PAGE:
But then it dawned like the yawn of a lazy cat – the most appropriate thing to tow with a Lamborghini would be another Lamborghini. The ultimate single-manufacturer rig. You can see how we did, here. But one thing led to another and a few other towball options were discovered. Very fast towball options, for a different kind of drag race. The kind of things that beg for a Top Gear shakedown of the most OTT tow rigs in existence.

Which is how I come to be driving a Porsche with seven axles, 14 wheels, an engine in the front and one in the rear, 14 cylinders and 1,055bhp. Mind you, next to me, editor-in-chief Turner is casually piloting a Merc with 16 cylinders – a pair of identical 4.0-litre V8s – the same 14 wheels and 1,154bhp. Tom Harrison has 1,159bhp, Ollie Marriage has turned up with “something like” 1,050 horsepower and enough wing to humble Boeing, and Jack Rix has missed the memo completely and speared off into an intellectual space all of his own.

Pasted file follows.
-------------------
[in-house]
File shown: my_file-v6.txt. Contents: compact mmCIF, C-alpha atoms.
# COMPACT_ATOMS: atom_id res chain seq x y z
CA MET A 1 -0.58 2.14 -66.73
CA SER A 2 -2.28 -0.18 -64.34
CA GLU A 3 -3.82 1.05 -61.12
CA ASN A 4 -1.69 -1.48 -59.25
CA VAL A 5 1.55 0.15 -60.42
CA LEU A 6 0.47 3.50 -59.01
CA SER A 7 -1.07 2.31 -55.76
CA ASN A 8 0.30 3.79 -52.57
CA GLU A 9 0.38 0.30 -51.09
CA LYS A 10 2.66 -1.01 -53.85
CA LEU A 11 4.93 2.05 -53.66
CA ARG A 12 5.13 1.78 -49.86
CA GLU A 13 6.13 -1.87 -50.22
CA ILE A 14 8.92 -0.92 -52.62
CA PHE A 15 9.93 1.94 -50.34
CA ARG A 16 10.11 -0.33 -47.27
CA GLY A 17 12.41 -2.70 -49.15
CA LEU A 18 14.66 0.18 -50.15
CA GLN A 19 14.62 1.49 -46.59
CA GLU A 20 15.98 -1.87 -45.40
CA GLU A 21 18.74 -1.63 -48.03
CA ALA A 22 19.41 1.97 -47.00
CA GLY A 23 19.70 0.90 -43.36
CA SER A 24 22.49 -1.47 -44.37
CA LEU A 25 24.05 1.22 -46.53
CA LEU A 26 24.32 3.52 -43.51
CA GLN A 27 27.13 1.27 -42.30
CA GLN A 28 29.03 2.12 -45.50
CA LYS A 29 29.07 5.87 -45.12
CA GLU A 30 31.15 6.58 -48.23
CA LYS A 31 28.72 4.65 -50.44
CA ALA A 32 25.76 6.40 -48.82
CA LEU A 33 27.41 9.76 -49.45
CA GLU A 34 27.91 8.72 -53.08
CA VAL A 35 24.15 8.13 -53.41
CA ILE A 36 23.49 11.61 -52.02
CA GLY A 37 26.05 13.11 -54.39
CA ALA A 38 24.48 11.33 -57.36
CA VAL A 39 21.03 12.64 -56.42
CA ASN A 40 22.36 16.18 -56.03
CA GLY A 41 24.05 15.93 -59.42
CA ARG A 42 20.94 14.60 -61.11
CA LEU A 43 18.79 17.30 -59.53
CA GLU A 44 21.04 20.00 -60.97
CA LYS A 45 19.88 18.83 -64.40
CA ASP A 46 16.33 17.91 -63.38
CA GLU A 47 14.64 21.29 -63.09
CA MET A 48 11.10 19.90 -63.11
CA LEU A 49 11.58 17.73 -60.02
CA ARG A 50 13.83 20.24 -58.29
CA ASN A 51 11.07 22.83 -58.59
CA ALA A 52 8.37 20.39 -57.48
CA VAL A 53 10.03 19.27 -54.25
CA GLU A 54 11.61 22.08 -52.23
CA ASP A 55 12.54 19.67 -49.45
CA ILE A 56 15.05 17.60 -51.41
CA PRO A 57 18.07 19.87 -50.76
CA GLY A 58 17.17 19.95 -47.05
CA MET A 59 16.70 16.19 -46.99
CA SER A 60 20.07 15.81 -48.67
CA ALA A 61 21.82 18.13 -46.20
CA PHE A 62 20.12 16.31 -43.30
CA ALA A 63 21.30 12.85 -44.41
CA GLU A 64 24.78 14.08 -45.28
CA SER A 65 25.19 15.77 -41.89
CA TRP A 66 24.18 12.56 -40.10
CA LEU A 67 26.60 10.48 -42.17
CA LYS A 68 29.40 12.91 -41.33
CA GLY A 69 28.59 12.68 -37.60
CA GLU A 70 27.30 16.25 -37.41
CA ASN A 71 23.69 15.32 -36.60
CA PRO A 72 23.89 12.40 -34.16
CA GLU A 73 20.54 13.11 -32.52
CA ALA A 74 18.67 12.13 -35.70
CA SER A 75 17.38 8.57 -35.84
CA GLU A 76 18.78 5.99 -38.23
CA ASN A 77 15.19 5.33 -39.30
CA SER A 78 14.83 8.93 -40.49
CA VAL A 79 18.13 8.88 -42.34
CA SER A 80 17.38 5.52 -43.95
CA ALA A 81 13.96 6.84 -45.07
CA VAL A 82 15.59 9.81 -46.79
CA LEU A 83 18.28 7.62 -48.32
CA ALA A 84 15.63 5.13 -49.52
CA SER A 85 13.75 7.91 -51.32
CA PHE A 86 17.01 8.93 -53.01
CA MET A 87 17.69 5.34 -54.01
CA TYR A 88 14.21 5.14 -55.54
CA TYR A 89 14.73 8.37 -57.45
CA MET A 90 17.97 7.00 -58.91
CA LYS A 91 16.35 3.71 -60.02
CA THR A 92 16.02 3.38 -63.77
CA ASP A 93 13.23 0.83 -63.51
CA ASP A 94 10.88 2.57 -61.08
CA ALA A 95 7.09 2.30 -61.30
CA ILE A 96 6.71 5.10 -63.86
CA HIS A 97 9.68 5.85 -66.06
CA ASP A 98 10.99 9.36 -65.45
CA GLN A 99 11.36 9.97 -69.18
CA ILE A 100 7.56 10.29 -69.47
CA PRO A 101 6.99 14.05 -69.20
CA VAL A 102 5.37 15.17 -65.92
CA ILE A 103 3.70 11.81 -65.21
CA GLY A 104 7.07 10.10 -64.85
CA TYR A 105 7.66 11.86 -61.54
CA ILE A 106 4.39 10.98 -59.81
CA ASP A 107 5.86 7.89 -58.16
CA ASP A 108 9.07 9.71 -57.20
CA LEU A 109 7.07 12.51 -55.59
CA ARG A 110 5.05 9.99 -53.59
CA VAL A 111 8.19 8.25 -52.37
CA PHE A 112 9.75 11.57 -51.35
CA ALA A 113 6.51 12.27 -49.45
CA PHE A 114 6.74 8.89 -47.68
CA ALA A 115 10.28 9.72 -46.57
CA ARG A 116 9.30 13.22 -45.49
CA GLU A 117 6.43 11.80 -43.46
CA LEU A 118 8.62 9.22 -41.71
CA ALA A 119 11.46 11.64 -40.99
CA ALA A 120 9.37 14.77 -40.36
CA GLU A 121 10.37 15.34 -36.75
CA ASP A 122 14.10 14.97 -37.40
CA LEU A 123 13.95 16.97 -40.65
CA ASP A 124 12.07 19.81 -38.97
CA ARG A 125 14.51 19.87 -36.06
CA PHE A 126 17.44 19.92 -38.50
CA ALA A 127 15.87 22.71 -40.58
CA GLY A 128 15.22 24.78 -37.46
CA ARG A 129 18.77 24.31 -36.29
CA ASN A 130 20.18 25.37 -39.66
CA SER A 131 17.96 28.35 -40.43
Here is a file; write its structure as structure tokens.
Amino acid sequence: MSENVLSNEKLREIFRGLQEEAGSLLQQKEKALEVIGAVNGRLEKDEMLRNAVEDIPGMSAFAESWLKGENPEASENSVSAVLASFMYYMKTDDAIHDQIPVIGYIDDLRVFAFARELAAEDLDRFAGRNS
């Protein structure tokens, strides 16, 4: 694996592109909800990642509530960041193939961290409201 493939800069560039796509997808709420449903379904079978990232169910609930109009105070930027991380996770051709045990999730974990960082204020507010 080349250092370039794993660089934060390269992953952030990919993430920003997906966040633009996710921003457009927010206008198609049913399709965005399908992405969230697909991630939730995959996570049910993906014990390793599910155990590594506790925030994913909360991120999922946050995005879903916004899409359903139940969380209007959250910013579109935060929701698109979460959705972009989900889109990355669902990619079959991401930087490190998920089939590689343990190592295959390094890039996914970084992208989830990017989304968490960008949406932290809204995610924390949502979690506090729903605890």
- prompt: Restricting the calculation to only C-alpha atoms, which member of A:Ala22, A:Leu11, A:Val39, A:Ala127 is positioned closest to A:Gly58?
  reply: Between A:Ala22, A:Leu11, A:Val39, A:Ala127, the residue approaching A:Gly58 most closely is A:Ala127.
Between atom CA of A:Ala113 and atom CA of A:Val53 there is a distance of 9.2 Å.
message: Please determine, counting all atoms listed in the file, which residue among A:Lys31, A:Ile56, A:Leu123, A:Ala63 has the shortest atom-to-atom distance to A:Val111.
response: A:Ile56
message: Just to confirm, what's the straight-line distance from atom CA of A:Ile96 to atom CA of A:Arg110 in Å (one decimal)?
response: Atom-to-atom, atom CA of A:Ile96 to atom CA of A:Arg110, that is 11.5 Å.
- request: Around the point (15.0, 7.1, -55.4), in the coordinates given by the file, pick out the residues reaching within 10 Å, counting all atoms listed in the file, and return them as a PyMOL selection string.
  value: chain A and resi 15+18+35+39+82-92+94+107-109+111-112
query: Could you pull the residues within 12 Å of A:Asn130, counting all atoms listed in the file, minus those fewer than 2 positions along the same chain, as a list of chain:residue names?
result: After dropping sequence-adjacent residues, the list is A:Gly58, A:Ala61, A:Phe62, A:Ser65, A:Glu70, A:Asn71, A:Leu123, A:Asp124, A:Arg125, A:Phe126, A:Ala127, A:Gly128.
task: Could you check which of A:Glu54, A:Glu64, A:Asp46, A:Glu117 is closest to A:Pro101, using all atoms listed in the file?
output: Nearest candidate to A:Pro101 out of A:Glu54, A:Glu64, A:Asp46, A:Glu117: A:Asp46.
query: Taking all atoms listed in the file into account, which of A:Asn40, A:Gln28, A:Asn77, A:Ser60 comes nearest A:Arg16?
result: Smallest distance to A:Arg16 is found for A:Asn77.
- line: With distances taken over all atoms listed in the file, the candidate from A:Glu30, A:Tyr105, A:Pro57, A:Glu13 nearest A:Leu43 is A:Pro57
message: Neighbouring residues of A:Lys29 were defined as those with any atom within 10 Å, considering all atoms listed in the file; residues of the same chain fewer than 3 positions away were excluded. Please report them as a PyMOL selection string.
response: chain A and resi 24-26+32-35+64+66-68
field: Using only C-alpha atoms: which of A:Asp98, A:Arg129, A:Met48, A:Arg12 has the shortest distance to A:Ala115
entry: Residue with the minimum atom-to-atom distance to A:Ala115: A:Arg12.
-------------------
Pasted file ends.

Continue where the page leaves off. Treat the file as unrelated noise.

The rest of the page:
We have become a rolling affront to efficiency, each ridiculously powerful sports SUV towing a racier product of the same manufacturer, on a massive, gleamingly galvanised trailer. And the list is properly bizarre, and utterly brilliant: Porsche Cayenne Turbo mated to GT3 RS, Mercedes-Benz G63 allied to AMG GT R, Land Rover SVR wedded to Jaguar Project 8. Then comes a Bentley Bentayga V8 towing Bentley’s newest GT3 racer and Ariel’s sort-of SUV Nomad towing an Ariel Ace motorbike. Which just goes to show you can’t trust Ollie Marriage or Jack Rix to play by the rules.